IMO you're missing the more important issue with Whitney. In Colombus, I daresay the opposition could more-or-less key in on him. In Detroit, he may be a little more anonymous and therefore find himself defended less heavily. His rates may well go up for this reason too.

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09-30-2003, 06:04 AM
  #4
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Quote:
Originally Posted by mudcrutch79
... do teams crunch numbers like this on guys, or is this just all numerical mumbo jumbo?
Well, mudcrutch, I had written a thorough response to this thread ... then HF crashed on me, and I'm too lazy to retype everything.

Anyhow, NHL teams seem to be ahead of the other major sports in terms of using data to evaluate players. Largely due to the successful work of Roger Nielsen in the 80s. Though obviously this forms just part of the overall picture. Here's a thread from OilFans that might interest you. It references the database that the NYR put together about 12 years ago.
http://oilfans.com/forum/index.php?t...rt=15&count=15

On the Whitney thing, and IMO ... in terms of outscoring the opposition 5 on 5, not so good. But a really effective powerplay guy, he'll do even better in this regard in Detroit. Especially with the departure of Larionov (one of the most productive powerplay players ever) to New Jersey (who desparately needed a player like Igor IMHO). And the loss of Federov as well, who was certainly an effective poewrplay guy too, and could be trusted to man the point.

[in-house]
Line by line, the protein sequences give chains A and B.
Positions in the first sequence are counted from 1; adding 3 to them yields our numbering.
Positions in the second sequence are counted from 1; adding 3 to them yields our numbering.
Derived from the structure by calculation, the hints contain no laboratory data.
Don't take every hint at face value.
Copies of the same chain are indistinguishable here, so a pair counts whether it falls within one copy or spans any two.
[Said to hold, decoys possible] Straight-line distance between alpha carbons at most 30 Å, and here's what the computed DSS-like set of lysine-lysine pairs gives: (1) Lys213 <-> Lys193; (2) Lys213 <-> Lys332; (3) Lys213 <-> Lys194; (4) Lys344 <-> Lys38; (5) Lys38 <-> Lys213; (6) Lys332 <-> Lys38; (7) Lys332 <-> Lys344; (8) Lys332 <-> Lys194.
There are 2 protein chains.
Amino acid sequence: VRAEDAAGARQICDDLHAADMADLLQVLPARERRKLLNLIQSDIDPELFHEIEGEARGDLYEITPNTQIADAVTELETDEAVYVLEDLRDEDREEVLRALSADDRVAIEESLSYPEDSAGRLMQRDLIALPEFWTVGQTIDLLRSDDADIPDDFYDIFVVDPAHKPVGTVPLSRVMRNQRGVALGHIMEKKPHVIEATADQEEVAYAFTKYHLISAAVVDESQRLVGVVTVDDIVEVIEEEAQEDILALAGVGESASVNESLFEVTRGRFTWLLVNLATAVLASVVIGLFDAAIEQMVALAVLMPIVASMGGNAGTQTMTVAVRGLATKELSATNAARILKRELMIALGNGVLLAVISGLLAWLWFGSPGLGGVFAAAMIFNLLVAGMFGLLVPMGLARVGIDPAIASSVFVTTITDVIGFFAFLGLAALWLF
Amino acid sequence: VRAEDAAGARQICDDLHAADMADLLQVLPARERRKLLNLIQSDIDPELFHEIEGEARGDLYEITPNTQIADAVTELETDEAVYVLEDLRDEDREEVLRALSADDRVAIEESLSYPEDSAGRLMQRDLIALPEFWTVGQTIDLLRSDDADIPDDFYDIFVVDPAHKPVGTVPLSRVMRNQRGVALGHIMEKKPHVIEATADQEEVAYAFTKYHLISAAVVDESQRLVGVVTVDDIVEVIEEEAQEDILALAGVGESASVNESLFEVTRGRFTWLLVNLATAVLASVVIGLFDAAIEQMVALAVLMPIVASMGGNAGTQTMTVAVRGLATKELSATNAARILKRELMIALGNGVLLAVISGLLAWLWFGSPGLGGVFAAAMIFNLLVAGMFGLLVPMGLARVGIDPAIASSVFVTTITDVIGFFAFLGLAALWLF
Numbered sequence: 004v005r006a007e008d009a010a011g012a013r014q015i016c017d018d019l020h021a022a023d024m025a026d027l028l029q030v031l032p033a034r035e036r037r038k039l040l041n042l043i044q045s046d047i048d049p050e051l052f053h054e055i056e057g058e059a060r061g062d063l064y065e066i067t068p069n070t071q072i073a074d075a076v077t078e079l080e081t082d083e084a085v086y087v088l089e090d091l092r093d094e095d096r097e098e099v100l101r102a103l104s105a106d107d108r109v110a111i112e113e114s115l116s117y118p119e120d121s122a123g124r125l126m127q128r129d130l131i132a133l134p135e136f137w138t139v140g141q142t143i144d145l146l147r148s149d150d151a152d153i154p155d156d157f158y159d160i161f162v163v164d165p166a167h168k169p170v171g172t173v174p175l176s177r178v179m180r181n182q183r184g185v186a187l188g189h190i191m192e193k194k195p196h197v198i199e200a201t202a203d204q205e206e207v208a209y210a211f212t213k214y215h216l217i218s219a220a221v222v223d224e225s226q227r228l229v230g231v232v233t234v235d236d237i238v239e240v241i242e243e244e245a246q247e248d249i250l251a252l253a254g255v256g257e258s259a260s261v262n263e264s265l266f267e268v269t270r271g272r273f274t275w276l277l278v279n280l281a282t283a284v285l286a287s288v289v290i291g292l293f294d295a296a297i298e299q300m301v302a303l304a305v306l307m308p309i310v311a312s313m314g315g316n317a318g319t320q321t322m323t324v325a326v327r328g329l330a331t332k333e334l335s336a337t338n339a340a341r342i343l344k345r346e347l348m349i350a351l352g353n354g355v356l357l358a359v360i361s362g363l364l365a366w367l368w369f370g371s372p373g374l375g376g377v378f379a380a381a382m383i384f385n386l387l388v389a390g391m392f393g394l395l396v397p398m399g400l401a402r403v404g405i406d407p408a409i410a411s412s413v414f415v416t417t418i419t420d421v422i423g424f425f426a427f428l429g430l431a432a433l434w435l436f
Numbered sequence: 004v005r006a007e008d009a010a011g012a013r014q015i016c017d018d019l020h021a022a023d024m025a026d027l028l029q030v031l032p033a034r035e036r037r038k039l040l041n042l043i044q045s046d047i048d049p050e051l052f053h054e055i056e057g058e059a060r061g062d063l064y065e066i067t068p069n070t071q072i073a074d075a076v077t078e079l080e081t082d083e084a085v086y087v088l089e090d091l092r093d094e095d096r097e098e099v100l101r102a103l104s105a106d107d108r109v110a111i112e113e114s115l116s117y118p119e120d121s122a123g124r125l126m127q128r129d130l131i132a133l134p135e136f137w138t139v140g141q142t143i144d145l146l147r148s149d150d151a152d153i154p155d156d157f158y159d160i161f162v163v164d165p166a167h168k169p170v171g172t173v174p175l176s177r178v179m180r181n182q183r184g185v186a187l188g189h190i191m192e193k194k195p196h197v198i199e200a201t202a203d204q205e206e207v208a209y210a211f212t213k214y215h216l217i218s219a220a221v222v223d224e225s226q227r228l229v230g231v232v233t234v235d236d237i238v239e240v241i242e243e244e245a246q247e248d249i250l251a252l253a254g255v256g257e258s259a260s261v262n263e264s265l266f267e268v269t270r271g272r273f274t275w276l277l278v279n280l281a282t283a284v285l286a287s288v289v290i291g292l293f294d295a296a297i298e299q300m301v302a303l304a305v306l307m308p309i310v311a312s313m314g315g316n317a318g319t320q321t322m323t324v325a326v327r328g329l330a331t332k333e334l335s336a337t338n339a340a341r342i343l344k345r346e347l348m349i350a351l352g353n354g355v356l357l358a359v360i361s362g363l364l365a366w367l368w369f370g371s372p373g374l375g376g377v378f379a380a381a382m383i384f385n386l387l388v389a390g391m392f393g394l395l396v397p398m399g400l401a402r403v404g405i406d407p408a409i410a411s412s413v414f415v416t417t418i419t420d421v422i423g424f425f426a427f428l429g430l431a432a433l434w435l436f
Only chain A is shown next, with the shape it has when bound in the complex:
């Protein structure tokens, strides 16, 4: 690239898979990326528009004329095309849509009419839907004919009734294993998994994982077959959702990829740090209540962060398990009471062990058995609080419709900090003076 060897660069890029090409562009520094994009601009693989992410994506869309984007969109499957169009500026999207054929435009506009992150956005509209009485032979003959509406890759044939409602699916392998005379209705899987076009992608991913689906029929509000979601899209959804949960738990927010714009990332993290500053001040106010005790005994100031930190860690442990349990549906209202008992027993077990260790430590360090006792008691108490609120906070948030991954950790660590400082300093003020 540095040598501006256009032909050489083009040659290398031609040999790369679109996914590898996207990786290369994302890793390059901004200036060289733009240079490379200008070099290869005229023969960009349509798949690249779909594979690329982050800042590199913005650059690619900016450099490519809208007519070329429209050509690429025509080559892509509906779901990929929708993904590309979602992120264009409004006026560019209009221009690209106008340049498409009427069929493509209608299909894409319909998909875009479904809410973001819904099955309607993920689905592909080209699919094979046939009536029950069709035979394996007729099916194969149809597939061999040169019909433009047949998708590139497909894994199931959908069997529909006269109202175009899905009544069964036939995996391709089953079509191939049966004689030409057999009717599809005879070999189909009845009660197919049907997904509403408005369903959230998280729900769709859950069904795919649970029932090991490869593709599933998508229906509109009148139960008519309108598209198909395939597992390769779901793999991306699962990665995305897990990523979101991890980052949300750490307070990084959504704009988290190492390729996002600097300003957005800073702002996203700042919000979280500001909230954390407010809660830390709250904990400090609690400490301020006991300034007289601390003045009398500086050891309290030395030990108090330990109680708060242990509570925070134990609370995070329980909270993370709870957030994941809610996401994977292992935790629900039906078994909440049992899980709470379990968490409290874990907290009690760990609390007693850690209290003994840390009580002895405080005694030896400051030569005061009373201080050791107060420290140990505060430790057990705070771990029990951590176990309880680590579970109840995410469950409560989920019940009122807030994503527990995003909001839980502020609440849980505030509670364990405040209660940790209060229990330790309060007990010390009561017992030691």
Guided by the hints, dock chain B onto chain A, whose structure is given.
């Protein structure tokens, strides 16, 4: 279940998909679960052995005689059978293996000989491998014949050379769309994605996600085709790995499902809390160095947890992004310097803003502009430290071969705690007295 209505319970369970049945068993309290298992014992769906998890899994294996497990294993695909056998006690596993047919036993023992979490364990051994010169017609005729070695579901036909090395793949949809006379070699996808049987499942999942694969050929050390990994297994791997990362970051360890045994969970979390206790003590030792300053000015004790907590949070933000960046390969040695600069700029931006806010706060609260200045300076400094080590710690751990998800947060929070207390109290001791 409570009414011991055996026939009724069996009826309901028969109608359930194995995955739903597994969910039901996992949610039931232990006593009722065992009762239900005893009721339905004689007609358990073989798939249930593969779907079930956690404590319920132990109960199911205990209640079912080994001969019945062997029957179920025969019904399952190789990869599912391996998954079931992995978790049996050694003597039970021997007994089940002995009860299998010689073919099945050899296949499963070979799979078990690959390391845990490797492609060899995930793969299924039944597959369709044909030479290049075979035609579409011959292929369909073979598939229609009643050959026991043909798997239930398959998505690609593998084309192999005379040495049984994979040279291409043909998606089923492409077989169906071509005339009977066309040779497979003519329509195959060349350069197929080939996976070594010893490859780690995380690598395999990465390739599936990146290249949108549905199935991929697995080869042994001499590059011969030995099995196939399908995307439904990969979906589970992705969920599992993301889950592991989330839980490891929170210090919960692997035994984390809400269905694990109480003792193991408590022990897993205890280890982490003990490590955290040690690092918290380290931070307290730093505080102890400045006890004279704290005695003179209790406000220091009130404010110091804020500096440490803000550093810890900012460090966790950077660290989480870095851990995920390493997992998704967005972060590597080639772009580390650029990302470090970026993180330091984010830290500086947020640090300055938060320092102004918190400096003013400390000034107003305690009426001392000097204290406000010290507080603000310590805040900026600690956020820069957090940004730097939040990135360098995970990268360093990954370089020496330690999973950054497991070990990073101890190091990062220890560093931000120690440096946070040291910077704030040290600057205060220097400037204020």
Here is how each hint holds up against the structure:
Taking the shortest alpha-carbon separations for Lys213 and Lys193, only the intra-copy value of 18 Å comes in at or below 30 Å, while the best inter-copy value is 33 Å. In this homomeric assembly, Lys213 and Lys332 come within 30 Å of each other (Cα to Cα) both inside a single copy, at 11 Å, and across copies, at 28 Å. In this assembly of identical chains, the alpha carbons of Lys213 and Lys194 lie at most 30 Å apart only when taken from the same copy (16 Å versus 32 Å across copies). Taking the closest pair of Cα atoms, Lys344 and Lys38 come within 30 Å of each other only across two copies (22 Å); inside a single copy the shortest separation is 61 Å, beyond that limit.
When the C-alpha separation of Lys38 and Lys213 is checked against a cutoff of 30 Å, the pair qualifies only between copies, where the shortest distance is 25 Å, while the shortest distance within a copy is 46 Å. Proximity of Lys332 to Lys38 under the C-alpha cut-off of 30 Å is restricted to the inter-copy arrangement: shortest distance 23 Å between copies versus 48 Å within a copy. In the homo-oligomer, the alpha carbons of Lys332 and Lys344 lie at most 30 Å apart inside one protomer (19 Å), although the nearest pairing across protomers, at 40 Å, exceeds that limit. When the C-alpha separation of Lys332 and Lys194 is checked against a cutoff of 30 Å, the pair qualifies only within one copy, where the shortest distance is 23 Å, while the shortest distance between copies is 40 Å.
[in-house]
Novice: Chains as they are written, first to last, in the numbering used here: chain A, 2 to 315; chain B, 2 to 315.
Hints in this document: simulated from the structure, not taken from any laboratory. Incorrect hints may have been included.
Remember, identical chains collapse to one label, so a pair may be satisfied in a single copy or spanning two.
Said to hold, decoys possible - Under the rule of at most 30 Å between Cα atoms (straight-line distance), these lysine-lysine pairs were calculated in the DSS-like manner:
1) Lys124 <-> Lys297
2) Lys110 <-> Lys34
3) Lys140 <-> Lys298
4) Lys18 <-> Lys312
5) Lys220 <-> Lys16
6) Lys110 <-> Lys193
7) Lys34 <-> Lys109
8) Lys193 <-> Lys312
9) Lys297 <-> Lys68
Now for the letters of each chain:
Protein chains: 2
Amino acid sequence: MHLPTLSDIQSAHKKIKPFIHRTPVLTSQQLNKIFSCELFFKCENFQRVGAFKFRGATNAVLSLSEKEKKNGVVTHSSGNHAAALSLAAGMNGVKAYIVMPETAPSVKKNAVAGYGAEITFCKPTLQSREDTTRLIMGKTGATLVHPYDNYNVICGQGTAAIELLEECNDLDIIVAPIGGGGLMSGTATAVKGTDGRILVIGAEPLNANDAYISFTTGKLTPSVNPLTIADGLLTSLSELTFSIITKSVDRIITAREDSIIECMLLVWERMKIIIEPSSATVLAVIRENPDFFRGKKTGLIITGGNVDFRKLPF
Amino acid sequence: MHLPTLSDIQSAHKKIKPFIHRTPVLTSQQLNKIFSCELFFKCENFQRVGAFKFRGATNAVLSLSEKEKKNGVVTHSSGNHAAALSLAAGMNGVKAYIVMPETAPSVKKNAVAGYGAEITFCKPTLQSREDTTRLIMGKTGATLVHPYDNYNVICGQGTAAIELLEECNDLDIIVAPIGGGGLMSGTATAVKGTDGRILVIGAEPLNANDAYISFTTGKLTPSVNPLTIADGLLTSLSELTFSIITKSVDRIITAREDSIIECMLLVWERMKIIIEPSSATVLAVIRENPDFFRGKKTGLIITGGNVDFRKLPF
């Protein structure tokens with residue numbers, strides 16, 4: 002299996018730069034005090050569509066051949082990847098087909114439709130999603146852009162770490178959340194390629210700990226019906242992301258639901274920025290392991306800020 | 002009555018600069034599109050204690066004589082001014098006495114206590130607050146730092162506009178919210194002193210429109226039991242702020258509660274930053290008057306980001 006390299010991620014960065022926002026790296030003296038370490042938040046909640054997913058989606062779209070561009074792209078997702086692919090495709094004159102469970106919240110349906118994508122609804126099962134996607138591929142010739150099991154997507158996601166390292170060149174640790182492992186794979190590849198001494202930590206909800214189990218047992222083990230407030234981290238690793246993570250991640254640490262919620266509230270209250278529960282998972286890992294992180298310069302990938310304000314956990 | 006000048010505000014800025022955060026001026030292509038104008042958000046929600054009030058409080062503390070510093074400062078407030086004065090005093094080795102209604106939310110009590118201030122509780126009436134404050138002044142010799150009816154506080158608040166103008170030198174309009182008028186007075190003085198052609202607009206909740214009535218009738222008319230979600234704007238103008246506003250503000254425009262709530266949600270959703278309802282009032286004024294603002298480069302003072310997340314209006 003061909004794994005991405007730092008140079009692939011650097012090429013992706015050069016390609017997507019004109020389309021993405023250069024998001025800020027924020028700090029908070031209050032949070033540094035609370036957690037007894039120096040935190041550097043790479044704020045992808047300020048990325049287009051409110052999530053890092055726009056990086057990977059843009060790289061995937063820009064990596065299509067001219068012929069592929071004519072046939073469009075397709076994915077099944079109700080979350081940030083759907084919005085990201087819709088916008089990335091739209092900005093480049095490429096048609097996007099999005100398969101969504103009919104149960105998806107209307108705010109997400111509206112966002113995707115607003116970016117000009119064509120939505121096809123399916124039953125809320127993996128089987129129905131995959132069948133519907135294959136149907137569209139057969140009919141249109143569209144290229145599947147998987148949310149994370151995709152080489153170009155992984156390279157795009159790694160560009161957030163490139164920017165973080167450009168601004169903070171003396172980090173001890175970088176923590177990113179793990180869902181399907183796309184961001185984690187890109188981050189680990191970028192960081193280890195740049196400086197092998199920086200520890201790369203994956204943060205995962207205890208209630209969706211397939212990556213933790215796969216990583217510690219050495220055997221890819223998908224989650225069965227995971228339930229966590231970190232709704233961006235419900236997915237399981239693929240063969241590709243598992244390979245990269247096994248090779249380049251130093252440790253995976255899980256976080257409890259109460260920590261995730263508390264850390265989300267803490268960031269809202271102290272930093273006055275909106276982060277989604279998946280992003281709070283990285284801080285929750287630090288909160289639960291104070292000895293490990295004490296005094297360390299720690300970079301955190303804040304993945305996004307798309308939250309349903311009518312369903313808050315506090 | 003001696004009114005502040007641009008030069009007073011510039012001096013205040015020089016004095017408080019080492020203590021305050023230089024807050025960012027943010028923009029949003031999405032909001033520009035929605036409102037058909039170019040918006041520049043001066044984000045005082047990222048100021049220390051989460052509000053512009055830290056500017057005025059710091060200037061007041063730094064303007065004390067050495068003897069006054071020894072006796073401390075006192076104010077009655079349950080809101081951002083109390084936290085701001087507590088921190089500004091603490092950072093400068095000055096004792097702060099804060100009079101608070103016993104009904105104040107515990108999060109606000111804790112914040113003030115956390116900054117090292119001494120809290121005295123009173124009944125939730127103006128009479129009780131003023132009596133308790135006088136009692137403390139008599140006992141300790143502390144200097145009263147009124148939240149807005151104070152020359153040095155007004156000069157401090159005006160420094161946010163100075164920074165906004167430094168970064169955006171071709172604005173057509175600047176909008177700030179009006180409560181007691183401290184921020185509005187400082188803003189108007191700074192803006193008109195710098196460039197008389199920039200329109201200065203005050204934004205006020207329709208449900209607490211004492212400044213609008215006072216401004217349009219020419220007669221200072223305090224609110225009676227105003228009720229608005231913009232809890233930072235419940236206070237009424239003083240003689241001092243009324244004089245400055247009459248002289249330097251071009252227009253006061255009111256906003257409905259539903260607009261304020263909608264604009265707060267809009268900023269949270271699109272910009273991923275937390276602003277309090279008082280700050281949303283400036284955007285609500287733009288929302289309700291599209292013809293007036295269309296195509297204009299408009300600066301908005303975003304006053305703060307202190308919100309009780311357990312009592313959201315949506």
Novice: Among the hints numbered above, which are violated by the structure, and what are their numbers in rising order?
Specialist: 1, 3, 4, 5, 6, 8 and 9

I think Whitney will get a tonne of powerplay time in Detroit ... and with the talent around him there ... he'll do really well I think.

BTW:

Another way of looking at powerplay effectiveness. PP points per hour of PP ice-time (though NHL teams seem to prefer your 'per minute' unit ... I like bigger numbers, easier on the eyes
PLAYER _____ PP minutes PP points per hour
RONNING ____ 411 3.1
WHITNEY ____ 493 5.1
MOROZOV ____ 143 7.1
WEIGHT _____ 390 5.5
FRANCIS ____ 441 3.1
NASLUND ____ 437 7.4
BERTUZZI ___ 443 5.7
RICHARDS ___ 418 5.5
SANDERSON __ 399 3.8
JOHANSSON __ 244 4.2
O'NEILL ____ 403 3.9
PARRISH ____ 336 3.8
YASHIN _____ 379 4.4
LEMIEUX ____ 394 6.9
BRUNETTE ___ 300 4.8
KOVALCHUK __ 389 3.2
HAVLAT _____ 278 3.9
HEATLEY ____ 415 5.3
ANDREYCHUK _ 297 5.6
BONDRA _____ 353 3.2


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09-30-2003, 06:27 AM
  #5
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Quote:
Originally Posted by igor
Another way of looking at powerplay effectiveness.
Yes, I was thinking about this myself. One thought I had is that really really really good PP players never get much PP time.

They score in the first few seconds. (!)

Thus, the cynic (hi!) might say the only way to get a lot of PP time is to be pretty crummy at it yet be on a team that can't ice a better option. Maybe this explains a few players' numbers (Ronning?).

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05-15-2004, 04:24 PM
  #6
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This is going to come off as tooting my own horn a bit, but I thought I'd update this thread, as fruitlessly search for something that Igor said on some thread that I can't quite remember.

Anyway, based on the numbers above, if you multiply them out by Whitney's actual ice time in Detroit, you'd expect him to have 11.5 ESG (actual number was 10), 2.79 PPG (actual number was 3) and .80 SHG (actual number was 1). Assistwise, you'd expect 14.07 ESA (actual number was 19), 12 PPA (actual number was 9) and .4 SHA (actual number was 1). Overall, you'd expect 41.57 pts, and he actually had 43. I recognize that this is a rather small sample size (actual number of this sample size is 1), but it seems interesting nonetheless.